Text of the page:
Christian Brothers Home | 315 N. Second Ave. W. | Architects: Bray & Nystrom | Built: 1907 | Lost
Cathedral High School | 330 W. Fourth St. | Architect: Anthony Puck | Built: 19010 | Lost, 1963
In 1907 Bishop James McGolrick entered into an agreement with the Congregation of Christian Brothers to establish a Catholic high school for boys. Founded in England in 1802, the Christian Brothers were dedicated to teaching youth. They first opened a school in America in New York City in 1906, just a year before they came to Duluth. The diocese built a house for the Brothers on the former site of Catholic Association Hall. Likely designed by William Bray, the Gothic Revival building contains many of the same elements Bray used in Cathedral School three years earlier.
At first the home also doubled as a high school, but within two years of the building’s construction, high enrollment had rendered the building inadequate for teaching. The diocese secured an empty lot across the avenue from Cathedral School and began a fundraising campaign to build a high school building. Railroad magnate James J. Hill of St. Paul personally kicked in $10,000. They used part of it to pay architect Anthony Puck to design a narrow, Gothic-inspired building along Second Avenue West between Fourth and Third Streets. The school stood four stories high along Fourth Street and six along Third. While its design complemented Cathedral School and the Christian Brothers Home, it was much less adorned than its companion structures. Puck outfitted the school with twenty classrooms, a gymnasium, locker rooms, and offices. Its heating plant originally supplied steam for not just itself but for the three other adjacent diocese buildings.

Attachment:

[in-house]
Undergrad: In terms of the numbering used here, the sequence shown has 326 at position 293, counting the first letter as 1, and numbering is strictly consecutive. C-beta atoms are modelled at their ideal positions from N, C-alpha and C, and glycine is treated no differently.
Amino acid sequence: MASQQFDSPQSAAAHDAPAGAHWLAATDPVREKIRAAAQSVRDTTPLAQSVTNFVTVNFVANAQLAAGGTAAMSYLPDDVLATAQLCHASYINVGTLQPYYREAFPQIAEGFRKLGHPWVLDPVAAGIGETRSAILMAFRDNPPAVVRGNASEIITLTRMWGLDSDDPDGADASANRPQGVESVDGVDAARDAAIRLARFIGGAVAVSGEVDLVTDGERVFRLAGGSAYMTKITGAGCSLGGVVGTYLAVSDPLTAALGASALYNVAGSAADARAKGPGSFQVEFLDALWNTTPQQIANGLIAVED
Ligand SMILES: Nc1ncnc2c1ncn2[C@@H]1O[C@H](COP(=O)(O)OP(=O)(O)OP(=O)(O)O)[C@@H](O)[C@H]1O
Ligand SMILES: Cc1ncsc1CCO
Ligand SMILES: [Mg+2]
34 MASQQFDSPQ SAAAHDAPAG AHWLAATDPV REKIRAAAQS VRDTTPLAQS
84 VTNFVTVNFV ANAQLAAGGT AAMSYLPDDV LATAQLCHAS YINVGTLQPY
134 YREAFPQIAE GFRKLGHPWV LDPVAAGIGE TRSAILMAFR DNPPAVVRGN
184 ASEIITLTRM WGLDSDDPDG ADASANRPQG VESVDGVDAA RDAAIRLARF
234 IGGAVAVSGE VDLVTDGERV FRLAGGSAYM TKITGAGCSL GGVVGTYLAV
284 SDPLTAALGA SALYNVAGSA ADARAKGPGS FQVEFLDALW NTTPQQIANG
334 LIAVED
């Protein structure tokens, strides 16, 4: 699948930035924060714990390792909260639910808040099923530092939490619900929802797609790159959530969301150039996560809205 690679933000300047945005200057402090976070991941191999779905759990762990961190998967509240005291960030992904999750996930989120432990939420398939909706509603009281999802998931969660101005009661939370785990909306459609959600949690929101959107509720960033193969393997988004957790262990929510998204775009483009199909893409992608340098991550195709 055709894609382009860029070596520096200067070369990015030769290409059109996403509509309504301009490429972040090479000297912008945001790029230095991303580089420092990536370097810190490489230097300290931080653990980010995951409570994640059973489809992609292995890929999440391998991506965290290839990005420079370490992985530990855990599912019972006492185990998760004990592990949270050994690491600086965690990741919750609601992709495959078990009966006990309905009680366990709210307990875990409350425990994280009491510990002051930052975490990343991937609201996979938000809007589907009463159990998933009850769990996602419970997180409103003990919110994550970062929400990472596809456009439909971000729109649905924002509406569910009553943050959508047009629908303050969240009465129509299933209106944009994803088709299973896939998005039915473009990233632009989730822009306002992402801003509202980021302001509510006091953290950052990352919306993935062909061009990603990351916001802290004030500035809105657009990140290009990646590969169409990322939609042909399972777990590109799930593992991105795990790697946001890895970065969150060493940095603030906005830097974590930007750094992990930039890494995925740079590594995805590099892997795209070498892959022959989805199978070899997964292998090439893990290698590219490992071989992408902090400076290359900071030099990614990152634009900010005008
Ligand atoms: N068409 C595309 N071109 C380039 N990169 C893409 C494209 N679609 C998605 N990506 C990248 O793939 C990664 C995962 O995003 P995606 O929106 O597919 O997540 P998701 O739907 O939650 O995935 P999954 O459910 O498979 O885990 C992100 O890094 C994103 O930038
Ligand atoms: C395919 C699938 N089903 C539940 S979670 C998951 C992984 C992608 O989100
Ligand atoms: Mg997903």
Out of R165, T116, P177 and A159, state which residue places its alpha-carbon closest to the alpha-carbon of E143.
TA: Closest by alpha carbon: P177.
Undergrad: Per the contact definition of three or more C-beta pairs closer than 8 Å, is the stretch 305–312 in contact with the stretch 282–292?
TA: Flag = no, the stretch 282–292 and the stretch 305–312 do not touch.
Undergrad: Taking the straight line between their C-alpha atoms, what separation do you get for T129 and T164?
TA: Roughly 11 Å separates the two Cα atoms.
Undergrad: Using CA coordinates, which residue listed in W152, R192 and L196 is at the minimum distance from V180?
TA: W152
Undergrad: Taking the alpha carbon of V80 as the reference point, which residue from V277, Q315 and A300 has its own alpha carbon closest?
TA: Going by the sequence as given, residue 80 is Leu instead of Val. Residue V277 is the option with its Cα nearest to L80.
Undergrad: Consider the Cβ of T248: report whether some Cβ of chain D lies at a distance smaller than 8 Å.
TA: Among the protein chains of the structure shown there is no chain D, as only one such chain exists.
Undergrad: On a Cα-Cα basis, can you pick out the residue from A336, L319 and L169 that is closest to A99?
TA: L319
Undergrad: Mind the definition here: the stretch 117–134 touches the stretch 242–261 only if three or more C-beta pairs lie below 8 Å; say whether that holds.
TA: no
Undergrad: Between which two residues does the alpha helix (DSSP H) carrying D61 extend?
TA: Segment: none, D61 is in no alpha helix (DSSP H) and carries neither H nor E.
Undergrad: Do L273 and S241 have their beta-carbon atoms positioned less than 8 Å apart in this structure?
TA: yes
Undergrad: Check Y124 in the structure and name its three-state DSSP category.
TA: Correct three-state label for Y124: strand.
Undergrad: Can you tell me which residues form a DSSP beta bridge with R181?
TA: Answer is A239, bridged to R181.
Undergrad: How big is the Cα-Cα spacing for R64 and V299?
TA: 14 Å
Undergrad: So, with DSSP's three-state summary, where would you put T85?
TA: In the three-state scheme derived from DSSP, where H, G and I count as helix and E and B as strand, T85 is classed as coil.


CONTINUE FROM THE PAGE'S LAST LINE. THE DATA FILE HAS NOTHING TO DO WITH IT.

The Christian Brothers moved out of their home, and Duluth, in 1942 when the Diocese allowed girls to attend the high school: the “Brothers Rule” only allowed them to educate boys. (It was likely for the best; since the late twentieth century, hundreds of Christian Brothers in the United Kingdom, Australia, Ireland, Canada, and the United State have been found guilty of emotional, physical, and sexual abuse of children in their care.) The 1907 building then became a convent used by the Benedictine nuns who took over some of the teaching duties of the high school after the Christian Brothers left. The convent closed in 1977 and the building was sold. It reopened in 1979 as an apartment building and remains so today.
The diocese built a new school along Rice Lake Road in 1963, and the 1910 high school was demolished shortly thereafter; its lot remains empty to this day. In 1971 a group of private citizens took over governance of Cathedral High School, which was renamed Marshall School in 1987.